ORS 338.005 requires a charter school to be located within the boundaries of the sponsoring school district. This provision applies to both charter schools that offer online instruction and "bricks and mortar" charter schools. When determining where a school is located, consideration is given to such factors as the location where the students enrolled in the school are receiving educational services, where the business address and office of the school is located, where student records are stored and where a parent may file a complaint or obtain information about a school.

We have received information that some charter schools do not have offices that are open during business hours within sponsoring districts and that student records are not available from business offices that are located within the sponsoring district. These practices raise a possible issue as to whether these schools are located within the sponsoring district. If a school is not located within a sponsoring district the school and district are in violation of ORS 338.005. In addition, these practices make it difficult operationally for a sponsoring district to monitor a school and for a parent to obtain information about a student or school.

• Two or more charter schools governed by one charter agreement. ORS 338.065 requires a written charter contract for each school.

We have received information that some charter agreements are inclusive of two separate school operations. This practice is not allowed under state law.

• Unlawfully merging charter schools.

ORS chapter 338, which governs charter schools in Oregon, does not provide for the merger of existing charter schools. Instead, one school must be closed and the assets disbursed according to state law and then the other school in conjunction with its sponsor may amend its charter to reflect the added program of the closed former charter school. ORS 338.105(6) requires all assets of a closed charter school that were purchased with public funds to be given to the State Board of Education.

We have received information that some schools may have been merged either with or without the approval of the sponsor. If this has occurred, the school in addition to being unlawfully closed may also be unlawfully in possession of assets that are the property of the State Board of Education.

• Improper comingling of funds between charter schools.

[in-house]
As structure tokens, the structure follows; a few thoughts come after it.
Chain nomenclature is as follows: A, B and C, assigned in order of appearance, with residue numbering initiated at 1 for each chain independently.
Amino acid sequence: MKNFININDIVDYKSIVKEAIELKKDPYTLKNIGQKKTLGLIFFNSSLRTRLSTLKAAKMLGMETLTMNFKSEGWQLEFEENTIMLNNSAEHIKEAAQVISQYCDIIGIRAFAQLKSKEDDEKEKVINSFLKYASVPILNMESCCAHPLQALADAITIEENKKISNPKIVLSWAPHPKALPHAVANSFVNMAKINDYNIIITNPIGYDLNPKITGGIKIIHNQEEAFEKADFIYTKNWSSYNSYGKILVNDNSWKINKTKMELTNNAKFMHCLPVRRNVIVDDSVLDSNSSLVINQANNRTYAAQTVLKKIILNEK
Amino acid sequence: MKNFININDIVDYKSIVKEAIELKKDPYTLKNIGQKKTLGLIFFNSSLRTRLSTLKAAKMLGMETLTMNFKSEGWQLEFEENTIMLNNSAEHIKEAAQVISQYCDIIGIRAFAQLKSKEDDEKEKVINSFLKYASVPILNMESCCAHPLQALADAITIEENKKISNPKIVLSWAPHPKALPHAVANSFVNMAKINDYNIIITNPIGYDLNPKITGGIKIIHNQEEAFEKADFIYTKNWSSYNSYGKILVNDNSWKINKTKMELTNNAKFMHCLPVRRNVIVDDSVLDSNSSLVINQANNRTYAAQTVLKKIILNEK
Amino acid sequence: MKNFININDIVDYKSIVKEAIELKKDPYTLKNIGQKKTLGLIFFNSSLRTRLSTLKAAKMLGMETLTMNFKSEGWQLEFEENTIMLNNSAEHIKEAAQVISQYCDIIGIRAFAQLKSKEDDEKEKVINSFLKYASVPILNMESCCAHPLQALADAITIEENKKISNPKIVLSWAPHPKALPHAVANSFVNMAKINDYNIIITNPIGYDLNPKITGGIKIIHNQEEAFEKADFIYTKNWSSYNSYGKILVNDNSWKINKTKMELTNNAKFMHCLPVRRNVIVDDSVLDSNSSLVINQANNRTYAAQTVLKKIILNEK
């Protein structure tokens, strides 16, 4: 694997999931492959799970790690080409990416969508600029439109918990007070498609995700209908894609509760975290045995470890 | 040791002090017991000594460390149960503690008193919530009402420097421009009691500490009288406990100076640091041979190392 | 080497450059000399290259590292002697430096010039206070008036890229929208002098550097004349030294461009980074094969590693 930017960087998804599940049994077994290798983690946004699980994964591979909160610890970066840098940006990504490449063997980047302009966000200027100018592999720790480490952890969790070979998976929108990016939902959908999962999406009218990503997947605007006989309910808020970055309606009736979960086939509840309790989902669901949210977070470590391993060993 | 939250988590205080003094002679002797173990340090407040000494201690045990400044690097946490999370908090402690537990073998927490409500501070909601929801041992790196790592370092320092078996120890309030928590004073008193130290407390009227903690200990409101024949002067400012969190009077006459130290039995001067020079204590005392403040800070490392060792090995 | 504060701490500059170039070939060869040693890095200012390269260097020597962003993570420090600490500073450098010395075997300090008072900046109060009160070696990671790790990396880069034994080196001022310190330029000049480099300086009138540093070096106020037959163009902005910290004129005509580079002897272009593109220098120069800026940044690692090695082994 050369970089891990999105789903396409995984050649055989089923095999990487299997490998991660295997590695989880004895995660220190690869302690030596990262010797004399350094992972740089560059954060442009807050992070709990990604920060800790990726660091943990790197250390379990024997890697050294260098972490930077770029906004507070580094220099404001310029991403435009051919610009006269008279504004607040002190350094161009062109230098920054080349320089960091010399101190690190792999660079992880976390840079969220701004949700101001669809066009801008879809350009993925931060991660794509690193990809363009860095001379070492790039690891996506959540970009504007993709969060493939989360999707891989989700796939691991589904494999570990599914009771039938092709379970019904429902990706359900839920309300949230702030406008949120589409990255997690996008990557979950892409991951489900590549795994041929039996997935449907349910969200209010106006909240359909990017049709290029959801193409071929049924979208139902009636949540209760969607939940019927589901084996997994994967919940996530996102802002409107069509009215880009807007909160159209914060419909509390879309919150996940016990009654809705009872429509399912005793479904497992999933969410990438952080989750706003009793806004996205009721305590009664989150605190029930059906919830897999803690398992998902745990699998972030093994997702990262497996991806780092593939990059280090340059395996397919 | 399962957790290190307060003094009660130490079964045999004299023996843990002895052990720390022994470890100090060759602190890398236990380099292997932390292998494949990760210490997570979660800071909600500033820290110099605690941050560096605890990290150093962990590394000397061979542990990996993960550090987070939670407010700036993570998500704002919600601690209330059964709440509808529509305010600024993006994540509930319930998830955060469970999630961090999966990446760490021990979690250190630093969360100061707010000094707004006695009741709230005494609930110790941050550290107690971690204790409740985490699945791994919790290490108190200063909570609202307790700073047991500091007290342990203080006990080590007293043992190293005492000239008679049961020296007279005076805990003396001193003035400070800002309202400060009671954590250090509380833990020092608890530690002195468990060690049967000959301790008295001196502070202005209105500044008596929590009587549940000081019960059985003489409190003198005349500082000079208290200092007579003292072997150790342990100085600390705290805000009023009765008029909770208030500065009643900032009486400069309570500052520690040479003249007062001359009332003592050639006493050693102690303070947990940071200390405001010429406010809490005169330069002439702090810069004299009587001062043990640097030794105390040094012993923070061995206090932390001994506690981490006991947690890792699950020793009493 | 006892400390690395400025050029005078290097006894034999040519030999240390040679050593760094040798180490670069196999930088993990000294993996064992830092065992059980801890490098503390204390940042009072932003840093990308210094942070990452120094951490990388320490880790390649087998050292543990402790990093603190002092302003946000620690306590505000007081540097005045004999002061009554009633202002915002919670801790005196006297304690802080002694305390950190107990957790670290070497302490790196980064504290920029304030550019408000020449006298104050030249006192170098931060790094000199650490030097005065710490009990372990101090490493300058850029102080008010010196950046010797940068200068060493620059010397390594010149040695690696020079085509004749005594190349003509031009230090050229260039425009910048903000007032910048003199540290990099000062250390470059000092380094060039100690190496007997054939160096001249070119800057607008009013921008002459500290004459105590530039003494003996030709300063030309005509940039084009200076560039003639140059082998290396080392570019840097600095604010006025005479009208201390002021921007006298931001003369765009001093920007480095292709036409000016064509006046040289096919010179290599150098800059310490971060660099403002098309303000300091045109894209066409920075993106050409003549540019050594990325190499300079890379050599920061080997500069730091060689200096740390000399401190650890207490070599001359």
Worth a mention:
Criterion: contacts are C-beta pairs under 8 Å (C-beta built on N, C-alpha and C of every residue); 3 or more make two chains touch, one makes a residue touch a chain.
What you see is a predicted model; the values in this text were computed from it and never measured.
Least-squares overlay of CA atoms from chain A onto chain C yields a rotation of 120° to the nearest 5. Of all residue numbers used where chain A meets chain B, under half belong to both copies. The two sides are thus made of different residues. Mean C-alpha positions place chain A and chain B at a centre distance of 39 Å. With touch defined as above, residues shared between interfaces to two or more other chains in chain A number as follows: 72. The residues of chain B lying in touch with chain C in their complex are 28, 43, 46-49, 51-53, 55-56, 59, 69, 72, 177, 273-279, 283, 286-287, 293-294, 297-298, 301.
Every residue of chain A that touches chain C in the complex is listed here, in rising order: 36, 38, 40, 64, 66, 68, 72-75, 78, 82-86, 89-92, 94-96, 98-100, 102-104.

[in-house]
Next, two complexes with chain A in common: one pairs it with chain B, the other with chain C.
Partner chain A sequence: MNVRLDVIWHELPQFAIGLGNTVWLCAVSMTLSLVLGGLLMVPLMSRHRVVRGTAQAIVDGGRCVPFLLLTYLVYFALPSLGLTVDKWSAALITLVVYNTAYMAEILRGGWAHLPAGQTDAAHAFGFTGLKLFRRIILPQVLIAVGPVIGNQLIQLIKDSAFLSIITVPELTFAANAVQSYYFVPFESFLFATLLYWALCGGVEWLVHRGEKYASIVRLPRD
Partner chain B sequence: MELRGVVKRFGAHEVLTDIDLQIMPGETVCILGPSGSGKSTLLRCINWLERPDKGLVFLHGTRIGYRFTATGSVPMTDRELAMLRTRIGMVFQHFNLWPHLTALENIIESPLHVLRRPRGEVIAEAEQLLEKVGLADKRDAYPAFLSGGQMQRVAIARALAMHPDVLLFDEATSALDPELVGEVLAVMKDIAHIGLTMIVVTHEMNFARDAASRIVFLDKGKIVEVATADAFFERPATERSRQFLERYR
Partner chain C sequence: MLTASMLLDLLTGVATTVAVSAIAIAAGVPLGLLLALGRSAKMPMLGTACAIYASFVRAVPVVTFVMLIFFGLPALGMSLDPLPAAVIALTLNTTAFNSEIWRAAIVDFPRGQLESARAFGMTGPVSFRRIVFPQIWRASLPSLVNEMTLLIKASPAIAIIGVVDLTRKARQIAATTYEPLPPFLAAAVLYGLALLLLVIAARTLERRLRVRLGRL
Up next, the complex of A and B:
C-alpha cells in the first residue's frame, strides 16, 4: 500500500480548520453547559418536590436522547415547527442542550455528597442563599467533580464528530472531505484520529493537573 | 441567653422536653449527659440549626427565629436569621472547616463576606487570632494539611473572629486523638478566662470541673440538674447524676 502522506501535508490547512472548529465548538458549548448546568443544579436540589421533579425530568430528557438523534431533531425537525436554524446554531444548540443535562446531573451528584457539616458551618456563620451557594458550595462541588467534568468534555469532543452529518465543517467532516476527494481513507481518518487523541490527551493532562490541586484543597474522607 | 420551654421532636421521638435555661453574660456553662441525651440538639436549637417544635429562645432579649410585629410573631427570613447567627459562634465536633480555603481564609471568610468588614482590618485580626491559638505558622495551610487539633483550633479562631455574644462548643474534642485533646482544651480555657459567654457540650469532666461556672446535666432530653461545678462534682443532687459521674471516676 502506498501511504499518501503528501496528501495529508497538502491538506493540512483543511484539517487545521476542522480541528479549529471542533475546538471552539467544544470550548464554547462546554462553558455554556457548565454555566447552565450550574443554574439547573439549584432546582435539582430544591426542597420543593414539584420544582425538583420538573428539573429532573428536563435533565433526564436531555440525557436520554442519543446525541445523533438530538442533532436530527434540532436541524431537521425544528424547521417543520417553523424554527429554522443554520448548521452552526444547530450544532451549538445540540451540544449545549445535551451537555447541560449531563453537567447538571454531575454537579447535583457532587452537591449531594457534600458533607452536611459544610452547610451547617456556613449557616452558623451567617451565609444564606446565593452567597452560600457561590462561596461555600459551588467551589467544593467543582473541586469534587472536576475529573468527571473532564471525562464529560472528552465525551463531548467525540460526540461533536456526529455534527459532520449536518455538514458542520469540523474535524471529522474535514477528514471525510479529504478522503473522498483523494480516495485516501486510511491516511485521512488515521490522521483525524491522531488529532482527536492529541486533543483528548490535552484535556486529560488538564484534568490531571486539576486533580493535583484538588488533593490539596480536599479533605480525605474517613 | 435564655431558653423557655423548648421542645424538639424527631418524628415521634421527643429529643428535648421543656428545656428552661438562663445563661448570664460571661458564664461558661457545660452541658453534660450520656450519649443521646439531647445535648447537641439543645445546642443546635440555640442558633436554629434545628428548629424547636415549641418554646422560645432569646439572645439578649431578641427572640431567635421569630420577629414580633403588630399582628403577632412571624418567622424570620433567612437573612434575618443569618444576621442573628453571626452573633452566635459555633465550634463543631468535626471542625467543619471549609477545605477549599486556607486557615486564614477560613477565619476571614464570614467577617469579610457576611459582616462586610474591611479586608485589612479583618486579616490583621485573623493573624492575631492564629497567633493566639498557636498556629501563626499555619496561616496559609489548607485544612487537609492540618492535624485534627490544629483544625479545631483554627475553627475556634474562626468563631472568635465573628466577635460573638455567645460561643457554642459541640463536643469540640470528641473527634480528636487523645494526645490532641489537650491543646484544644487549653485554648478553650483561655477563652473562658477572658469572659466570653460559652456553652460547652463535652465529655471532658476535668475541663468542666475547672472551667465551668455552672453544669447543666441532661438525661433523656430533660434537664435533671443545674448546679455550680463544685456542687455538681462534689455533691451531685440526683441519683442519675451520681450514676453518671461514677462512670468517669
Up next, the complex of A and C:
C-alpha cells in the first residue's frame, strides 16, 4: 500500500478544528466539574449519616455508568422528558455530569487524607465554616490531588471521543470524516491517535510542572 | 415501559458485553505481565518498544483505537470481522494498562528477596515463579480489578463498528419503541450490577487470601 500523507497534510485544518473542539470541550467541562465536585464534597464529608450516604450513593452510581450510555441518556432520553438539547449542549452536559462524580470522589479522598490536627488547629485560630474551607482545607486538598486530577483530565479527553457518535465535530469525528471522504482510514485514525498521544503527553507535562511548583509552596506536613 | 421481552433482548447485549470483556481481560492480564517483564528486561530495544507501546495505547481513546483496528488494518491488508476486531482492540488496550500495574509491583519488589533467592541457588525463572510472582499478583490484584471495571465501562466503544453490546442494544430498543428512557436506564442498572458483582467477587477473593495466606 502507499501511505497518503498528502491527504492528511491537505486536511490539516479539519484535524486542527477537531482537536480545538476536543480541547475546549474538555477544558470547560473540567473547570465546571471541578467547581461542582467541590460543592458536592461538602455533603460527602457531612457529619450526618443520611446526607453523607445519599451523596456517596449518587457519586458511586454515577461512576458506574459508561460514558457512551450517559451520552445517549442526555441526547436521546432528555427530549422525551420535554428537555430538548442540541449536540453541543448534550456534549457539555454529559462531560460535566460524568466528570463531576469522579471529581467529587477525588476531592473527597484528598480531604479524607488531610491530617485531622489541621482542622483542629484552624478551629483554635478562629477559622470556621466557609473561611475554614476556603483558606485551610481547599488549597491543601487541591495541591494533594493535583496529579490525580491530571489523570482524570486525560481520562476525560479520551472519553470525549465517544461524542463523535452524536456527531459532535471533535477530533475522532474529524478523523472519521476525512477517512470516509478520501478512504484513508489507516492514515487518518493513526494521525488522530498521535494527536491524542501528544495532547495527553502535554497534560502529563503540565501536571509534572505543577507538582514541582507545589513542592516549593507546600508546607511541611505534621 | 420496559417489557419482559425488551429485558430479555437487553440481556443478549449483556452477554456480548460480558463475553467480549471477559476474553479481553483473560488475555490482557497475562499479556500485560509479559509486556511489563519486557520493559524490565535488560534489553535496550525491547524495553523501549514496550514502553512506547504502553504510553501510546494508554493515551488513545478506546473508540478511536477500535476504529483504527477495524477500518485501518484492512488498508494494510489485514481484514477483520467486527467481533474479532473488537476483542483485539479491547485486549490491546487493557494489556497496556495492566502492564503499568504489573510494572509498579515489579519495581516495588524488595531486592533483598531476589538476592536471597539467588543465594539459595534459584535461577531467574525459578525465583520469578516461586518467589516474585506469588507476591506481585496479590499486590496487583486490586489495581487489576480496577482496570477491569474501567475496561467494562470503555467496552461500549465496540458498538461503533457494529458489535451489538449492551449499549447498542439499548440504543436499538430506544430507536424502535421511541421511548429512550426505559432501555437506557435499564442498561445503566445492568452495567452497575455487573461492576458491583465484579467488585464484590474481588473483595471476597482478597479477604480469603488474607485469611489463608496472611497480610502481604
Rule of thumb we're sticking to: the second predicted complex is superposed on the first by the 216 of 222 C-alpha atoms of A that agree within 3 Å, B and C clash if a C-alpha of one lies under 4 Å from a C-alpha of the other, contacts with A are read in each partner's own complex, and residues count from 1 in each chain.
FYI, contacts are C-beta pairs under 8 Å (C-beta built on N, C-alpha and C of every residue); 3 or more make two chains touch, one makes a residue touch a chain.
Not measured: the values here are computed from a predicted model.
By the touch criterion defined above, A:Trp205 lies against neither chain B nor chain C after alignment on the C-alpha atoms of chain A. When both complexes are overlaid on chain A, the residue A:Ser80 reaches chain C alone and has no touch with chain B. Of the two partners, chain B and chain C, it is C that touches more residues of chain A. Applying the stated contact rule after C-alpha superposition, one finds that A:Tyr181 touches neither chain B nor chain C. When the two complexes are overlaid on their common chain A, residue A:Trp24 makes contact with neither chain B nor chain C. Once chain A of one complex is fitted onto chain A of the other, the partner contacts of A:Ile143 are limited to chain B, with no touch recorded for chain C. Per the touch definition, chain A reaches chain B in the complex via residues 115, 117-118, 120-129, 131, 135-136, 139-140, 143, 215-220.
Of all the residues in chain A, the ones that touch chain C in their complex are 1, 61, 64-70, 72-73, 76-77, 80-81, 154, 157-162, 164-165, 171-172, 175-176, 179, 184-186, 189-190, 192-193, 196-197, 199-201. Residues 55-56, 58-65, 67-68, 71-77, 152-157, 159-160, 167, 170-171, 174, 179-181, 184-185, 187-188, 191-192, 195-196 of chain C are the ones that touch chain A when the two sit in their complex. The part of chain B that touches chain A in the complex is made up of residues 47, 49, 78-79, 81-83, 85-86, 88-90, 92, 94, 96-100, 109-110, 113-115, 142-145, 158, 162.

We have received information that some charter schools may be inappropriately comingling funds. State law does allow charter schools to contract for services with both public and private entities. However, each charter school is a separate legal entity and under ORS 338.095 must have separate annual audits and provide other financially related information. . If a school contracts for services there should be a clear record of what services are received and the amount of funds that are being paid in exchange for those services.

These are very serious issues, with serious consequences, that could result in possible forfeiture of State School Funds by the school district. Your immediate attention to this matter is requested.

As the district sponsor of a charter school managed through the Ed Choices/All Prep organization you must submit a response to this letter that includes the following:

• Evidence that a thorough review of your charter school's practices has taken place.

• A description of any changes to the operational practices of the charter school implemented to address the issues raised in this letter.

• An assurance that the charter school meets both state and federal legal requirements.

• Any corrective action that you have taken to address the issues identified in this letter.

• A timeline for monitoring of the charter school to ensure sustained compliance with federal and state law. Your response should be addressed to Phyllis Guile, and submitted to the Department not later than Monday, February 22, 2010.

It has also been brought to our attention that staff associated with these schools has encouraged district sponsors to not fulfill their obligations for dispensing the State School Fund portion of funds as per ORS 338.155(5) to the resident district of students who attend the school. We want to be very clear that school districts that do not distribute funds to other districts as required by state law are at risk of losing State School Fund moneys.

If you have questions regarding this matter, please contact Cindy Hunt at 503- 947- 5651 or Phyllis Guile at 503-947-5685.

Sincerely, Colleen Mileham, Ph.D. Assistant Superintendent Office of Educational Improvement and Innovation





ALLPREP RESPONSE

Officials of the AllPrep Academies and Early Colleges, a group of charter schools providing a modular, "blended-online" model of education to about 1900 Oregon children, met today to review their practices in response to a recent letter sent from the Oregon Department of Education to the superintendents of six Oregon school districts that sponsor the charters inquiring about the schools' practices and the districts' supervision of them.

"Our biggest challenge is communication," said schools director Tim King. "What we are doing has never been done in Oregon, and it's hard to explain to people."